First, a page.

Kayak8's avatar

The Moving Finger writes; and, having writ,
Moves on: nor all your Piety nor Wit
Shall lure it back to cancel half a Line,
Nor all your Tears wash out a Word of it

(From The Rubaiyat by Omar Khayyam, translated by Fitzgerald)

ragingloli's avatar

“Er hält in Armen das ächzende Kind, Erreicht den Hof mit Müh’ und Not. In seinen Armen das Kind war tot.” – from “Der Erlkönig”.

linguaphile's avatar

Sunset and evening star, And one clear call for me!
And may there be no moaning of the bar, When I put out to sea. Crossing the Bar Tennyson

Perdition catch my soul, But I do love thee; and when I love thee not, Chaos is come again! Othello, Shakespeare

In the room the women come and go, talking of Michelangelo. and Do I dare disturb the universe? both from Love Song of J. Alfred Prufrock T.S. Eliot

My all time favorite: I am perpetually awaiting a rebirth of wonder… I am Waiting Lawrence Ferlinghetti

AshLeigh's avatar

“Dreams still come.
Smiles still go.
Feigning joy.
Feeling pain.”

I found this, today. It’s part of a poem I wrote a little over a year ago. I had forgotten about it.

Bellatrix's avatar

Oh, to be in England
Now that April’s there,

Robert Browning

Bellatrix's avatar

If you could hear, at every jolt, the blood
Come gargling from the froth-corrupted lungs
Bitter as the cud
Of vile, incurable sores on innocent tongues,
My friend, you would not tell with such high zest
To children ardent for some desperate glory,
The old Lie: Dulce et decorum est
Pro patria mori.

Wilfred Owen

gailcalled's avatar

@Bellatrix: Have you read the Pat Barker trilogy of novels about WWI starting with “Regeneration”? Both Owen and Siegried Sassoon are major figures in volume one.

Bellatrix's avatar

No @gailcalled. I will look for it though. It’s interesting because as a teenager I was always touched by Wilfred Owen’s poetry and I was talking to my teenage son a couple of years ago when he was doing a poetry assignment and he told me the poet he connected with most was Wilfred Owen. It was an interesting moment. I want him to read more so perhaps this trilogy would be of interest to him (and me). Thanks for the suggestion.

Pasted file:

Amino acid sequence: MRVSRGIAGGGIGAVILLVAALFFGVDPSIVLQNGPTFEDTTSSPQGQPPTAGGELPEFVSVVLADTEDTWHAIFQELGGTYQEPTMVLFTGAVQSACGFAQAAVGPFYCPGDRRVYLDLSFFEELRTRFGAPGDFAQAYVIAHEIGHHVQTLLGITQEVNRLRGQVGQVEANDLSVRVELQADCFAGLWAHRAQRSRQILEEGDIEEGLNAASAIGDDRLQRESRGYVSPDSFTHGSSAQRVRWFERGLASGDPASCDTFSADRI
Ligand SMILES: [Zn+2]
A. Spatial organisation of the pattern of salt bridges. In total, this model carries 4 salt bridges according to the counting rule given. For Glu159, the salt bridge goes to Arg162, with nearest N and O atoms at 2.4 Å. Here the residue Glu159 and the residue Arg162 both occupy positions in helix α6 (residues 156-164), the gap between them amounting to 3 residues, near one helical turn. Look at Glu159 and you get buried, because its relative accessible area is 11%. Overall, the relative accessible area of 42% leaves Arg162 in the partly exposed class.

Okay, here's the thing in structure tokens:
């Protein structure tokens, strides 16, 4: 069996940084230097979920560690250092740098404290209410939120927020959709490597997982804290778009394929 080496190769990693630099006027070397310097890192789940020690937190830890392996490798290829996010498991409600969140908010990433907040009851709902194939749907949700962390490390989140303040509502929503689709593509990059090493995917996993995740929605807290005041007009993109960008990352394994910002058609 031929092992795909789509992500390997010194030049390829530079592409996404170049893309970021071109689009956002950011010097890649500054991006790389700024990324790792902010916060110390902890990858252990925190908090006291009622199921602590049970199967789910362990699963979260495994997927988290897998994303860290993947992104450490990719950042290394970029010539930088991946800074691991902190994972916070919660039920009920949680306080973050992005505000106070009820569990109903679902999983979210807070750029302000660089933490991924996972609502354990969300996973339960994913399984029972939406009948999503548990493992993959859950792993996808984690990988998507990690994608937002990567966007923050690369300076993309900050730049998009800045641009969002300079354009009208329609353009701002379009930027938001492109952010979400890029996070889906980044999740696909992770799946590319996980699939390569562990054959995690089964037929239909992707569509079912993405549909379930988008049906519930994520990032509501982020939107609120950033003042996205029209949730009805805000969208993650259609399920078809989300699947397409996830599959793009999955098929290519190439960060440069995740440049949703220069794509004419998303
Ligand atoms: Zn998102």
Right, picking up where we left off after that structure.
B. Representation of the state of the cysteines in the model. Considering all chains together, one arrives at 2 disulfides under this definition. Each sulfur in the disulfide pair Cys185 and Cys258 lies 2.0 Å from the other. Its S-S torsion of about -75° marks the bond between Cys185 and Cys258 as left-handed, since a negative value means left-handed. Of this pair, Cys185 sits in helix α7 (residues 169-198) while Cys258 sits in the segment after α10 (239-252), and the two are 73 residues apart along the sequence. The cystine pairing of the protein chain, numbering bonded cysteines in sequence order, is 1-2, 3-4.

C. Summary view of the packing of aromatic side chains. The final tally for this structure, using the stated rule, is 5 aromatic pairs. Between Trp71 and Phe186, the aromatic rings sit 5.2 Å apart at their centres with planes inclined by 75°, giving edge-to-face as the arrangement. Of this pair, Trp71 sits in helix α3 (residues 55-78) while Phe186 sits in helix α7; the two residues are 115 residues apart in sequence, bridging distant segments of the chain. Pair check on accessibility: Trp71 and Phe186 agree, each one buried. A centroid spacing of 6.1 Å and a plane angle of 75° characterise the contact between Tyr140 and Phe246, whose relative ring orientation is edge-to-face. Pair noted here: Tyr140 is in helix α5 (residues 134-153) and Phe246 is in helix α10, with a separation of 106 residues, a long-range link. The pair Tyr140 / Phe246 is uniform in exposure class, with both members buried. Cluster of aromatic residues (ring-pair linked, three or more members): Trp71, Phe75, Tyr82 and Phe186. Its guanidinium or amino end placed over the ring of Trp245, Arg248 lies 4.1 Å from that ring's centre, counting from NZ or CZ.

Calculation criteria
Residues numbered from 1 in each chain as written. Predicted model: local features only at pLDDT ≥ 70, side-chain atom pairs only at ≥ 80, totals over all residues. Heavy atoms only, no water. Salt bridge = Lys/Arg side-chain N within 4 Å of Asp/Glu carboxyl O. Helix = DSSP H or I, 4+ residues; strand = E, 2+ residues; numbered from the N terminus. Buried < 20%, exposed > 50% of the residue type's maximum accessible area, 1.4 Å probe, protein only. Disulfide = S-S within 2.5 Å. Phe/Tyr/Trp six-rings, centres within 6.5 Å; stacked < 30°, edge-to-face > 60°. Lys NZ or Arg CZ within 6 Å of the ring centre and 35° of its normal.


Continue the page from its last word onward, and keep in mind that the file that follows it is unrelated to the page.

gailcalled's avatar

@Bellatrix: “The Regeneration Trilogy was extremely well received by critics, with Peter Kemp of the Sunday Times describing it as “brilliant, intense and subtle,” and Publishers Weekly calling it “a triumph of an imagination at once poetic and practical.” The trilogy is described by the New York Times as “a fierce meditation on the horrors of war and its psychological aftermath,” and novelist Jonathan Coe describes it as “one of the few real masterpieces of late 20th century British fiction.” In 1995 the final book in the trilogy, Ghost Road, won the prestigious Man Booker Prize.” Source

I found the novels impossible to put down and impossible to forget.

Sunny2's avatar

Partly because I was a teacher, I like this, from “Father William” in Alice in Wonderland. I painted the last 2 lines on a lectern I made for my students to give reports from and I spoke from it myself as well..
“I have answered three questions and that is enough!” said his father. “Don’t give yourself airs. Do you think I can listen all day to such stuff? Be off or I’ll kick you downstairs.”

Imadethisupwithnoforethought's avatar

“And if I laugh at any mortal thing, ‘T is that I may not weep”

-Lord Byron, Don Juan

SomeoneElse's avatar

‘Put out my hand and touched the face of God.’
John Gillespie Magee, Jnr.

MilkyWay's avatar

@Bellatrix I love Wilfred Owen, so glad we’re studying him at school too. Amazing poet :)

picante's avatar

“nobody,not even the rain,has such small hands”

The last line of “somewhere I have never traveled, gladly beyond” by E. E. Cummings (or e e cummings, with punctuation and upcaps eschewed)

lonelydragon's avatar

From “One Art” by Elizabeth Bishop:

“So many things seem filled with the intent to be lost
that there loss is no disaster.”

OK, so I cheated a little on length, but it was too good not to be included.

janbb's avatar

@lonelydragon Is it supposed to be “there” or is it “their”?

CWOTUS's avatar

I think that I shall never see
A poem as lovely as a tree.

Joyce Kilmer

I love thinking about trees. These massive beings, rooted to one spot (well, in the wild and usually in our yards, anyway) and living without aid or comfort through the hottest, coldest, wettest, driest, best and worst weather the planet has, day in and day out, night in and night out, longer than most of us can manage even with our indoor plumbing, climate control, mobility and regular nutrition and hydration. Trees will take over this planet – again – long after humans have left. Ms. K was right; these things are awesome. They stand there and they take on all comers, and they do it with style, grace and panache. They’re fucking trees. Some days I wish I could be a tree.

lonelydragon's avatar

@janbb Aargh! Typing in the morning after a restless night is something I should avoid in the future.

gailcalled's avatar